It is well known that a picture is worth a thousand words. Likewise, a good graph is far superior to a large list of numbers, and a long series of numbers can quickly become meaningful when represented in a well-designed chart. Often all that is needed for good numeric presentations are standard graphing capabilities, and there are several excellent third-party components for making charts in .Net (see links below). Problems arise, however, when a programmer needs charting options that the third-party tool cannot provide. Naturally, it is impossible for a component to offer every feature that users could possibly want. For example, Server Objects used to have a component called AspChart, but this was discontinued and is no longer supported because users wanted to have too many different features than was reasonable to supply.
When graphic needs exceed the capabilities of third-party components, the programmer needs tools for generating customized charts. This article focuses on the use of SVG. The advantages of SVG include the following:
- SVG is XML based, integrates well with other W3C standards, and includes a complete DOM
- Events and animation can be added declaratively or using ECMAScript
- Charts print well from a web browser
- Charts can be zoomed in on and still maintain clean, sharp lines
- Charts can modified easily without the need to regenerate the whole chart
- An SVG file can be included in a web page
A couple disadvantages of SVG are that a plug in is necessary and animation on big files can be sluggish.
SVG Code Example
Here is an example of an SVG file that produces three bars, ie. for the beginning of a simple bar chart.
<svg width="120" height="170" x="0" y="0">
<path style="stroke-width:2; stroke:black; fill:red" d="M 20 150 L 20 35 L 40 35 L 40 150 Z"/>
<path style="stroke-width:2; stroke:black; fill:yellow" d="M 50 150 L 50 31 L 70 31 L 70 150 Z"/>
<path style="stroke-width:2; stroke:black; fill:purple" d="M 80 150 L 80 45 L 100 45 L 100 150 Z"/>
This would produce a graphic that looks like the one below:
See in SVG format
To be included in a web page, an SVG file requires either an object tag or an embed tag.
<object data="bars.svg" width="500" height="500" type="image/svg-xml">
<embed src="bars.svg" width="500" height="500" type="image/svg-xml">
Combining SVG and .Net
The rest of the examples require a web browser with Adobe's SVG Viewer plugin installed. (If you do not have this plugin, you can get it at http://www.adobe.com/svg/viewer/install/main.html.)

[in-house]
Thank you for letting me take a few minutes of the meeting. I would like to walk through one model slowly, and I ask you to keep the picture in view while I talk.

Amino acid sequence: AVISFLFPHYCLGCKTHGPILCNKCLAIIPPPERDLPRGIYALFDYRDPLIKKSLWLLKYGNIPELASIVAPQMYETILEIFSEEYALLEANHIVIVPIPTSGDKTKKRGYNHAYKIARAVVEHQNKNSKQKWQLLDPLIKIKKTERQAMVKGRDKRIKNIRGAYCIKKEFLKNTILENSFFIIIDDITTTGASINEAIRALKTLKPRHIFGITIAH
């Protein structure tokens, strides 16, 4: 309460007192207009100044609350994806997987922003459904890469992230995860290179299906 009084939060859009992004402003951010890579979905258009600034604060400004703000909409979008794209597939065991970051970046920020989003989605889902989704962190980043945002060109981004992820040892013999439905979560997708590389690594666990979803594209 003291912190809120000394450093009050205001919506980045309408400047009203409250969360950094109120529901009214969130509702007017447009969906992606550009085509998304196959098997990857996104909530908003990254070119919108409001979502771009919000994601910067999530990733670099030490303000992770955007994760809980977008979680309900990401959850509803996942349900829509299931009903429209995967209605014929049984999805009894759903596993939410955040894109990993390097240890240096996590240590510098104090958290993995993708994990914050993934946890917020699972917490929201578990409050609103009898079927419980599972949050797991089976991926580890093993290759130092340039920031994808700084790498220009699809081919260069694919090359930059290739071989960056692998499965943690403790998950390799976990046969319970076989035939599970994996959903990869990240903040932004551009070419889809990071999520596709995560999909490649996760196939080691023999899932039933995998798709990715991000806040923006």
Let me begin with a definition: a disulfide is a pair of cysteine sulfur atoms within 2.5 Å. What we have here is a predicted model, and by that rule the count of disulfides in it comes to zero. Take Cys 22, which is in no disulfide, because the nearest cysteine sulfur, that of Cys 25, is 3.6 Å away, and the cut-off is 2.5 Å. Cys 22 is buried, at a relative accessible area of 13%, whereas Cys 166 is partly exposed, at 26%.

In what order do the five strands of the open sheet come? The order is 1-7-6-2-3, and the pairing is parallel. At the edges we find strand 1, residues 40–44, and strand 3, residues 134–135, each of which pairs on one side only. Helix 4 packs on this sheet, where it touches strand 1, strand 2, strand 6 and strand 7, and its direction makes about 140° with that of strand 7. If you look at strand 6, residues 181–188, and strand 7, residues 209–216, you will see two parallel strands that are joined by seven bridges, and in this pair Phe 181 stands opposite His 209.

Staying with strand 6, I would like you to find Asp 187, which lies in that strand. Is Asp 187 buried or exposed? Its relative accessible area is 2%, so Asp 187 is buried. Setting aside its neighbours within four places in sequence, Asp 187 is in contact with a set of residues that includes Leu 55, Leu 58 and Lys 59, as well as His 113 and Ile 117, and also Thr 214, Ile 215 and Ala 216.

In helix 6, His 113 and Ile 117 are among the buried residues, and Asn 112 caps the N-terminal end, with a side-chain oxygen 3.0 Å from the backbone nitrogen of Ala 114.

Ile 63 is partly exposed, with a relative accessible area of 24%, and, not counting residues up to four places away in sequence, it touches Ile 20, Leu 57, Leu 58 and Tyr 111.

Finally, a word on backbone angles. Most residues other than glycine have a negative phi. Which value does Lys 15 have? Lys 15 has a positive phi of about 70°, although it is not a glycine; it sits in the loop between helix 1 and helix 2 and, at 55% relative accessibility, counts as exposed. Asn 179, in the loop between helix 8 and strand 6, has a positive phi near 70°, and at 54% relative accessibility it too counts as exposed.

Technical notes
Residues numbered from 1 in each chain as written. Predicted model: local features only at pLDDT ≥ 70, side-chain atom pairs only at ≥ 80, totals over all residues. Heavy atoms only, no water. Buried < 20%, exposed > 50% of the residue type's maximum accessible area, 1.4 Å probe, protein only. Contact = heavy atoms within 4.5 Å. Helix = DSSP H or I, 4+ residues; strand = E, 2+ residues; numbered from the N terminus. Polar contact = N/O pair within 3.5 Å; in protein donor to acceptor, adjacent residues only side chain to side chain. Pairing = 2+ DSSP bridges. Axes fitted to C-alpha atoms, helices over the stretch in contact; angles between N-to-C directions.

By using .Net, charts can be built from dynamic data. As the data changes, so do the charts. The following are examples of charts that can be built with SVG and .Net:
Simple Bar Chart
The first SVG chart example is a bar chart that displays the names and ages of a list of people. The data for this chart comes from an xml file that has the names and birthdates of my children and my brother-in-law's children. The age is always accurate because it is calculated based on the birthday and today's date. Pointing to a different xml file produces a different bar chart. If I need to change the chart, I simply change the xml file.
Simple Line Chart
The next example is a line chart that shows the price of a stock over a period of time. It reads an xml file that has the date and closing price of the stock. The two stocks I used for this example are Microsoft (MSFT) and Sun Microsystems (SUNW). I obtained the data by downloading historical data since the beginning of the year from Yahoo. (At work, where I have access to real-time data, we have line charts that show our current profit / loss for a symbol, and the charts are updated once per minute.)
The Combol Chart example combines a bar chart and a line chart. The price of a stock is represented by a line, and the volume traded is represented by bars. The bars are reduced to a fraction of the graph area and their opacity is reduced so that the view of the line is not obstructed. The combo chart reads from an xml file exactly the same way as in the previous example.
The last example is a chart that actaully contains multiple charts. The user can switch from one chart to the next by clicking on the Symbol for the desired chart. This is accomplished by using SVG's scripting capability. The script is written in ECMA script and is included as part of the SVG code. The script in the Multi Chart causes the opacity of the lines to change from 0.0 (transparent) to 1.0 (completely opaque). The ASPX code loops through the symbols loading the xml file for each symbol and writes the SVG code for that symbol. All of the lines are in the SVG code for each symbol, but the lines for only one chart show at one time.
For a good example of a pie chart using .Net, go to yaflaSVG by Dennis Forbes.
SVG by itself is brilliant, but, when advanced graphing capabilities are needed, the combination of SVG and .Net is a powerhouse.
Third party Chart Components
Chart FX for .Net
Dundas Chart for .Net
Infragistics .Net Chart
ComponentOne Chart for .Net
Advanced Software Engineering Chart Director
Dynamically Generating SVG Graphs with .NET (By Dan Wahlin)
yaflaSVG: Example of generating a pie chart using .Net (By Dennis Forbes)
SVG Tutorials, Samples, Games, etc (By Kevin Lindsey)
Official W3C overview of the Scalable Vector Graphics (SVG) format